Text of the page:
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Bats, Emerging Diseases, and the Human Interface

  • Charles E. Rupprecht mail

    cyr5@cdc.gov

    Affiliation: Centers for Disease Control and Prevention, Atlanta, Georgia, United States of America

    X
  • Published: July 28, 2009
  • DOI: 10.1371/journal.pntd.0000451

Background

The tragic death of a Dutch patient due to Duvenhage virus infection acquired after bat exposure in Kenya during 2007 emphasizes the potential dangers associated with ecotourism, underscores the role of Chiroptera as reservoirs of emerging infectious diseases, and highlights modern attempts to prevent and treat these zoonotic diseases.

The patient in this incident, a physician from The Netherlands, was a visitor to a game park in eastern Kenya, and had not been previously vaccinated against rabies. Often, many travelers abroad may not be well versed in local environmental conditions. Well before expected departure, travel medicine consultants should discuss both generic and country-specific risks with their clients. For maximum benefit, several biologics require administration a month in advance of departure, such as rabies pre-exposure immunization. Besides primary vaccination suggestions, and health insurance considerations for emergency care abroad or medical evacuation as needed, basic education is necessary concerning realistic public health concerns, especially in developing countries. Selective positive social behaviors should be promoted, especially as related to personal interactions with animals, both domestic and wild. Greater appreciation of animals from a distance is ideal, rather than any personal provocations. If animal bites or scratches do occur, immediate thorough washing of wounds with soap and clean water is valuable, followed by careful biomedical evaluation. While the latter was attempted in this particular Kenyan incident, the global implications of bat rabies were not appreciated.

Unlike the epidemiological situation in Europe and the developed world, rabid dogs remain responsible for the vast majority of human rabies cases in other parts of the world. For this reason, less attention is paid to infections acquired from other mammals, such as wildlife. With the exception of Antarctica, bat rabies occurs on all continents. The existence of lyssaviruses associated with infected Chiroptera in Africa has been documented for several decades [1]. Although surveillance is often limited or lacking, multiple studies to date suggest that bat rabies is much more widespread throughout Africa, and other continents, than is commonly communicated. In contrast to bites from mammalian carnivores, such as dogs, resulting injuries after even superficial direct contact with bats may appear rather trivial by comparison, as illustrated in this patient, with only superficial wounds noticed on her nose. In another typical example from Texas in 2006, a teenager died from rabies 1 month after a report of a bat that had awakened him, after landing upon his face [2]. Clearly, based upon both experimental and epidemiological criteria, any probable likelihood for bona fide transdermal or mucosal exposures to a bat is a reasonable consideration for rabies prophylaxis, regardless of geographical locality. Confusion in the use of specific viral taxonomy related to the presence or absence of “rabies virus” per se, versus other “lyssaviruses”, or bio-political considerations over so-called “rabies-free” areas, are largely irrelevant to the health provider and traveler alike, and pale in the face of obvious public health concerns when ignored or misunderstood, in the wake of volant reservoirs. To simplify: rabies is an acute progressive encephalitis; the clear majority of cases occur after animal bite; lyssaviruses are the neurotropic etiological agents that cause rabies; rabies virus is only one of at least 11 types of lyssavirus; rabies is a preventable infectious disease; any suggestions of “rabies-like diseases” are obvious misnomers that only obfuscate health communications.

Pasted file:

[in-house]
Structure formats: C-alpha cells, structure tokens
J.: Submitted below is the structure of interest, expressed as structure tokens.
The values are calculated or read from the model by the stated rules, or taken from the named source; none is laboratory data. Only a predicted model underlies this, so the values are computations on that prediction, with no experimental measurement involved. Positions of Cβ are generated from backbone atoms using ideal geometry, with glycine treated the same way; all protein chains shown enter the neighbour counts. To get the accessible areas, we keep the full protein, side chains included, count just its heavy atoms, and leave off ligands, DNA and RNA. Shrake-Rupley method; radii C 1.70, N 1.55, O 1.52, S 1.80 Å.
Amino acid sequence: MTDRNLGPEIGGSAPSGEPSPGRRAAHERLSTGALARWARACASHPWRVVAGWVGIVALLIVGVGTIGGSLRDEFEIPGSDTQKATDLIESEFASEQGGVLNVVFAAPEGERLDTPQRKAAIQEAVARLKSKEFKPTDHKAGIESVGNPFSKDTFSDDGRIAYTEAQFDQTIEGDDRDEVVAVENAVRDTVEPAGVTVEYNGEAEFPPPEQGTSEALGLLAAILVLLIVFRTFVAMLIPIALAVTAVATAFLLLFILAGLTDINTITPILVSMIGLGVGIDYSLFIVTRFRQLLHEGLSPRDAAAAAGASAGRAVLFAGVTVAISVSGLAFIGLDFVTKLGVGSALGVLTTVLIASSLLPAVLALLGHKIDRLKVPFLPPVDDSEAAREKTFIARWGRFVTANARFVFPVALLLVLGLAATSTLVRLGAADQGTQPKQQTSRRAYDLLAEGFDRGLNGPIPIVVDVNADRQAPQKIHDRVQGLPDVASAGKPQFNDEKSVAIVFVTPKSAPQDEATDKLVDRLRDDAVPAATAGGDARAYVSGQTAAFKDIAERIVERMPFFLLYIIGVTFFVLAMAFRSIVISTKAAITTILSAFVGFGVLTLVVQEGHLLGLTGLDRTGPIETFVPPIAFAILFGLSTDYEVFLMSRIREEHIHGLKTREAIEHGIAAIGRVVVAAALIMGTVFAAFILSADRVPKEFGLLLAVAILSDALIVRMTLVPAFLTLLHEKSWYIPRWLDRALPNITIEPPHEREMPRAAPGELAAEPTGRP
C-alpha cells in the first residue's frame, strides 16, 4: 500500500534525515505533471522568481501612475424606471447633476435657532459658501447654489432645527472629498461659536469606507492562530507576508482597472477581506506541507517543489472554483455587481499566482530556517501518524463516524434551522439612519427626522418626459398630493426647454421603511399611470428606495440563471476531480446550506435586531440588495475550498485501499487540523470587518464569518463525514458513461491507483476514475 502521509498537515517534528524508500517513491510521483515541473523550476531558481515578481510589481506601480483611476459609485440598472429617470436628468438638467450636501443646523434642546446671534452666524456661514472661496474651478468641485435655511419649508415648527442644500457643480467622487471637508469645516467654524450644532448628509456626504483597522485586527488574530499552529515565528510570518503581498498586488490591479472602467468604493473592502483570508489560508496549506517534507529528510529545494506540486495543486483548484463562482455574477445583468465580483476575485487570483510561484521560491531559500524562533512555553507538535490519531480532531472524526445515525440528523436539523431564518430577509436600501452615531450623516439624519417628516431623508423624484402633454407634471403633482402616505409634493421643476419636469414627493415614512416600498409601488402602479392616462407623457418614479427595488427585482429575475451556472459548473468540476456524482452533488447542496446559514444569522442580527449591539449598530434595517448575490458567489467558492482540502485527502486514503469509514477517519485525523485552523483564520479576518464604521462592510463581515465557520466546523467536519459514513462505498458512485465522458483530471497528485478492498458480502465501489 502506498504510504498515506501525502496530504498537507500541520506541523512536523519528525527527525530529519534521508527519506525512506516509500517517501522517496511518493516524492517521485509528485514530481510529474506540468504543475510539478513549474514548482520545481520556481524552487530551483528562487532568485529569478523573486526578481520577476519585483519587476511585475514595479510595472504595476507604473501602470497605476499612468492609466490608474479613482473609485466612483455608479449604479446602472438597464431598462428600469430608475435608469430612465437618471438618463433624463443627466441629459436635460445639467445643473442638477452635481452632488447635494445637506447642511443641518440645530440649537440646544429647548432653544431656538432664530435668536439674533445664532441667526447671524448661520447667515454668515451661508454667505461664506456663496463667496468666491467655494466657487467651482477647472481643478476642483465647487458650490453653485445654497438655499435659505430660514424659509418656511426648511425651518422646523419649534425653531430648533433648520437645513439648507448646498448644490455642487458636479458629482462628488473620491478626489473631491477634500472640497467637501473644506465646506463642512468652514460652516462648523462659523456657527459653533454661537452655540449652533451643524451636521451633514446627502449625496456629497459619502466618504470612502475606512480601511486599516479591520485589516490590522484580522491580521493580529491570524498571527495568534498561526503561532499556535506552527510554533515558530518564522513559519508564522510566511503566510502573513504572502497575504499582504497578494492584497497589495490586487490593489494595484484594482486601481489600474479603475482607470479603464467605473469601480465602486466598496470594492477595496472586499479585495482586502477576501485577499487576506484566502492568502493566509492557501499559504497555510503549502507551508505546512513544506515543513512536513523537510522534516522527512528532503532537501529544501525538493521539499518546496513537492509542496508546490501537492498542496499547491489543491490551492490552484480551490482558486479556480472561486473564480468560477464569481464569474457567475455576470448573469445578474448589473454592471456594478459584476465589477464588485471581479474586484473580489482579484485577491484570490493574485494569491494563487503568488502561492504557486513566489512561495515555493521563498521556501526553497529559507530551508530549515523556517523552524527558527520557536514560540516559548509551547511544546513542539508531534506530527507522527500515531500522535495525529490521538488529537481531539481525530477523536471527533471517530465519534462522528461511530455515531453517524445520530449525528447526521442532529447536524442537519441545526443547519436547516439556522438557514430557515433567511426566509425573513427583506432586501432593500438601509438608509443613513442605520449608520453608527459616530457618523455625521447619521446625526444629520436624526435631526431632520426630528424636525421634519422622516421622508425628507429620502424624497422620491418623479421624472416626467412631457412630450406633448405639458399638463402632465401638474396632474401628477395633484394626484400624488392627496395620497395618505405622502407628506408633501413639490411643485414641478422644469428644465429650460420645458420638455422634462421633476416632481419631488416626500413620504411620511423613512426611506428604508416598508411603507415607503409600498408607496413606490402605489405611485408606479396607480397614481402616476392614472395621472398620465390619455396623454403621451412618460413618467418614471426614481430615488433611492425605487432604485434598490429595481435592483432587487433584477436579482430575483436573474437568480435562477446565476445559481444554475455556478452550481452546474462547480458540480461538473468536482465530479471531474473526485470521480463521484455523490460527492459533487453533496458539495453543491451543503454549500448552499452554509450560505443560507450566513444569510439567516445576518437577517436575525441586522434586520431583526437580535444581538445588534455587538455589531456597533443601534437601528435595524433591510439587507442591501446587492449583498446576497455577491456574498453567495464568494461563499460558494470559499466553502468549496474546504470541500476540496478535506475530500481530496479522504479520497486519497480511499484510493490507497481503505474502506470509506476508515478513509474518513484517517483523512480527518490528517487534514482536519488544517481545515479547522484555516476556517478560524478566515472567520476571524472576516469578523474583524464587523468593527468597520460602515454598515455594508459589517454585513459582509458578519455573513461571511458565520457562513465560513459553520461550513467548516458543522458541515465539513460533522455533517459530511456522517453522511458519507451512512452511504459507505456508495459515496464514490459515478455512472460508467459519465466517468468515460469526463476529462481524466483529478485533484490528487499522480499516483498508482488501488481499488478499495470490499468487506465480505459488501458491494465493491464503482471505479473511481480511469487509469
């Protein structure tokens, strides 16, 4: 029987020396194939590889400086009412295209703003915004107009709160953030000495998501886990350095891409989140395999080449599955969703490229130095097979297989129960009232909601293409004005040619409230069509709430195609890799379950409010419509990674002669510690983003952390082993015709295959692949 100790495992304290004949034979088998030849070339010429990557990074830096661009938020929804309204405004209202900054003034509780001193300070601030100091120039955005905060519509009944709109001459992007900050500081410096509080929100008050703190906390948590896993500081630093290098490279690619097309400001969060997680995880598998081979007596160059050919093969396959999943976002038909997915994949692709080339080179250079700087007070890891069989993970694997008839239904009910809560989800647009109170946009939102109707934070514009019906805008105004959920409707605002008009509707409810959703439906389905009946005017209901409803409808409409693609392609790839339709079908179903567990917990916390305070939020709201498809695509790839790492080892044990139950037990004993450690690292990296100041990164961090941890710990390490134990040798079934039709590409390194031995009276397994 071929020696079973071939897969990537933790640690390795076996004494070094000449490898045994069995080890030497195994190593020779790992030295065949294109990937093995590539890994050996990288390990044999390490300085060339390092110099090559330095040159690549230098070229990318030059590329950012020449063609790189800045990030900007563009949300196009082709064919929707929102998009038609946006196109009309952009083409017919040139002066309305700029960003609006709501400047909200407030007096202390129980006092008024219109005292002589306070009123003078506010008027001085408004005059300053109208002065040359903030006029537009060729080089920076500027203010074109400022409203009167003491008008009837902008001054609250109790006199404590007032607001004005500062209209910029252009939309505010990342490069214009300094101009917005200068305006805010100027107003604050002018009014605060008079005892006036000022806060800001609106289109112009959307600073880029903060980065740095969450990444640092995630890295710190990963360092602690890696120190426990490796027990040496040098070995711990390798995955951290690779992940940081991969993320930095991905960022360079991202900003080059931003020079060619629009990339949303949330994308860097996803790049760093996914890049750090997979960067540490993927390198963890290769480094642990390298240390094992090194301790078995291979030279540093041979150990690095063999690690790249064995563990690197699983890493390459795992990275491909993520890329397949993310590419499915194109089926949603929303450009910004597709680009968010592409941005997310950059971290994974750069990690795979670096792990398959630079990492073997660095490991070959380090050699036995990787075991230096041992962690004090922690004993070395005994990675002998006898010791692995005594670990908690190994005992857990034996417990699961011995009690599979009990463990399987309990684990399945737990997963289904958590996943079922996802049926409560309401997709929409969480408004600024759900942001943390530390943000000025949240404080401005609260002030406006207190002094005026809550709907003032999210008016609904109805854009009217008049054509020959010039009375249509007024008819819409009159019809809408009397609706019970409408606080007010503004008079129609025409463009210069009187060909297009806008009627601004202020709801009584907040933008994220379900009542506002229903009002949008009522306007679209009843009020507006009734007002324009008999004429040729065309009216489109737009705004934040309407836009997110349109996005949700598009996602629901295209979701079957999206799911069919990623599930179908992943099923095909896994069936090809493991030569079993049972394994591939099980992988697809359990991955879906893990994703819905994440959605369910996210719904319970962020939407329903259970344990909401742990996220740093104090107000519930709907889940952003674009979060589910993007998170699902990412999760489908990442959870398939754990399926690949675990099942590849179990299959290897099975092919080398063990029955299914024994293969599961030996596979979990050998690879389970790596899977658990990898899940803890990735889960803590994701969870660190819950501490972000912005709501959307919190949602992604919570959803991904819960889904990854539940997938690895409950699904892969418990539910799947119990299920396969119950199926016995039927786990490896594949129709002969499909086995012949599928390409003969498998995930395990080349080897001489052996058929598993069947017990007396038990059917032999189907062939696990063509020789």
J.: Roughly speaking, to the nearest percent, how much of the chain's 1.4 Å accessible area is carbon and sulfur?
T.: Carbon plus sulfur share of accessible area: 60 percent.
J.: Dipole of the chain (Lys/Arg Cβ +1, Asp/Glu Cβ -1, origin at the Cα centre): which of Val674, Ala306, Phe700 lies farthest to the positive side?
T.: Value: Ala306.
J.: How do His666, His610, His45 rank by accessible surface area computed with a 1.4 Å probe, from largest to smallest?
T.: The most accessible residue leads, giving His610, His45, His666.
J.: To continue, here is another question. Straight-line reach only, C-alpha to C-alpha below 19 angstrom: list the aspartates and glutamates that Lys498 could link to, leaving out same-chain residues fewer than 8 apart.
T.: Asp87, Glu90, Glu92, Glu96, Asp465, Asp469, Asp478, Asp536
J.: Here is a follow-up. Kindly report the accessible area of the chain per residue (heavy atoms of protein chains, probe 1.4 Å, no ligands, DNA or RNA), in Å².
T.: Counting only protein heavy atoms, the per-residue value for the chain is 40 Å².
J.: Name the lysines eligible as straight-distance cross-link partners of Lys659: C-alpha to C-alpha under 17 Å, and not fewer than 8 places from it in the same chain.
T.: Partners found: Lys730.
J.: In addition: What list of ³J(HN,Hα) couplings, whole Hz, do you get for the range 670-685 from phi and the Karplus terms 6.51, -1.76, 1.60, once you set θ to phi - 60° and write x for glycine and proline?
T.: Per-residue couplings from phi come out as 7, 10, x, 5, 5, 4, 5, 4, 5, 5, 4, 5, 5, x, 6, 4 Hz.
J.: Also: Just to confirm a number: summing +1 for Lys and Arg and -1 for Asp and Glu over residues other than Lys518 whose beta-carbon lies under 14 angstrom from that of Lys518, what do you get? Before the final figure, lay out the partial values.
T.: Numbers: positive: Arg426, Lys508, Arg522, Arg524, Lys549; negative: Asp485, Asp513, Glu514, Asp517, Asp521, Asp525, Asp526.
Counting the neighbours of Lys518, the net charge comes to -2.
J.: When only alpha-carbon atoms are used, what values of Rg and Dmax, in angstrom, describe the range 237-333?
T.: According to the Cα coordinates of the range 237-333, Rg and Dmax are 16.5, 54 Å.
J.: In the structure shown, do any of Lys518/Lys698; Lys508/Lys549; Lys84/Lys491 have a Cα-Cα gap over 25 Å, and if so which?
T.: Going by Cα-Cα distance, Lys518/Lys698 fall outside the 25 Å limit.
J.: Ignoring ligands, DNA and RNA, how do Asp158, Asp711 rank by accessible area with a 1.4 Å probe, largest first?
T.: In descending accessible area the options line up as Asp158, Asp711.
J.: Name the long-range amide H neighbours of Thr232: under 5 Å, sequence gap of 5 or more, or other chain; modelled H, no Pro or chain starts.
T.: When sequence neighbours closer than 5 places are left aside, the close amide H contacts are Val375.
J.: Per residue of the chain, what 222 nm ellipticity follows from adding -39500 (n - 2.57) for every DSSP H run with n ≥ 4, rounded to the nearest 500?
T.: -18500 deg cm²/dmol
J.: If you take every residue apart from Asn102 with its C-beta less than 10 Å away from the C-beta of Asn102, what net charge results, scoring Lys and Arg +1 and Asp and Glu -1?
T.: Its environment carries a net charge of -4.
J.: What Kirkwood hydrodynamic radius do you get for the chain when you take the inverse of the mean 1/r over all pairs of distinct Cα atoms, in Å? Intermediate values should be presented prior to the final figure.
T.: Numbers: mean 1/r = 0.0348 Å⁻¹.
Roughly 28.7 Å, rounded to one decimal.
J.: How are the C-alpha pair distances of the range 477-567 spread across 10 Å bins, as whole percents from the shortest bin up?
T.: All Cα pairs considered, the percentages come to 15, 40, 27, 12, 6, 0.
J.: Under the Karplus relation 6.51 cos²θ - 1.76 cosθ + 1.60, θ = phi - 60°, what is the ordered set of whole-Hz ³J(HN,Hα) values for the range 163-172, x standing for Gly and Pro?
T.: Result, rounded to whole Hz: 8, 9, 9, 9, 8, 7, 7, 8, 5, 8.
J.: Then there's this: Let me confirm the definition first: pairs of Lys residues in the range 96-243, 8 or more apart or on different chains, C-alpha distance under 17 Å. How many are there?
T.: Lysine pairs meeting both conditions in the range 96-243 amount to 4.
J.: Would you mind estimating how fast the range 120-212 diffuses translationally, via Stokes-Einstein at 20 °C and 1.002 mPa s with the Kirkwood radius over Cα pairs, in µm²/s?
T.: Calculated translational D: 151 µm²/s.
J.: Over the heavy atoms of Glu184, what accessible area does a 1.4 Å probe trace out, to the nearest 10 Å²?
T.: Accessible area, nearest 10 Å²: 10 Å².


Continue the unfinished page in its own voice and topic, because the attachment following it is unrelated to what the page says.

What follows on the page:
Findings

The reported incubation period in the Dutch patient of approximately 3 weeks after bat exposure to her face falls within the expected 1–3 month estimate for rabies. In the light of a suggestive history and compatible clinical signs, human antemortem diagnostics attempt to define specific lyssavirus antigens, antibodies, or amplicons from clinical material, including skin biopsy, serum, cerebrospinal fluid, and saliva, but rarely follow a discrete predictable course given the diversity of lyssavirus variant, route, dose, and patient parameters. Host infection and immunity related to lyssaviruses are complex, multigenic events [3]. After exposure, viral RNA may persist locally in tissues for days to weeks [4]. Apparent abortion of productive infections and induction of virus-neutralizing antibodies in seemingly healthy animal populations have been detected historically in taxa as diverse as bats and mongoose [5],[6]. Such observations have even been extended to a few human populations at risk, such as those involved with animal trapping [7],[8]. The innate and adaptive mechanisms against rabies are poorly understood, which include outcomes of protective immunity sans overt illness, clinical recovery, or death [9]. Animals have recovered after experimental rabies, usually with frank neurological sequellae [10]. Spontaneous recoveries after overt illness, with involvement of the central nervous system, have not been well documented in human rabies infections. However, considering the genetic and antigenic diversity of lyssaviruses, coupled with the plasticity of the mammalian immune response, recovery from such a lyssavirus-induced encephalitis is conceptually appealing, albeit rare in actuality. The fact that as little as a single base change in the genome equates with the difference between a pathogenic virus and a highly attenuated agent strongly suggests that a continuum exists between virulence and immunity resulting from more “temperate” lyssaviruses, at least in experimental settings [11],[12].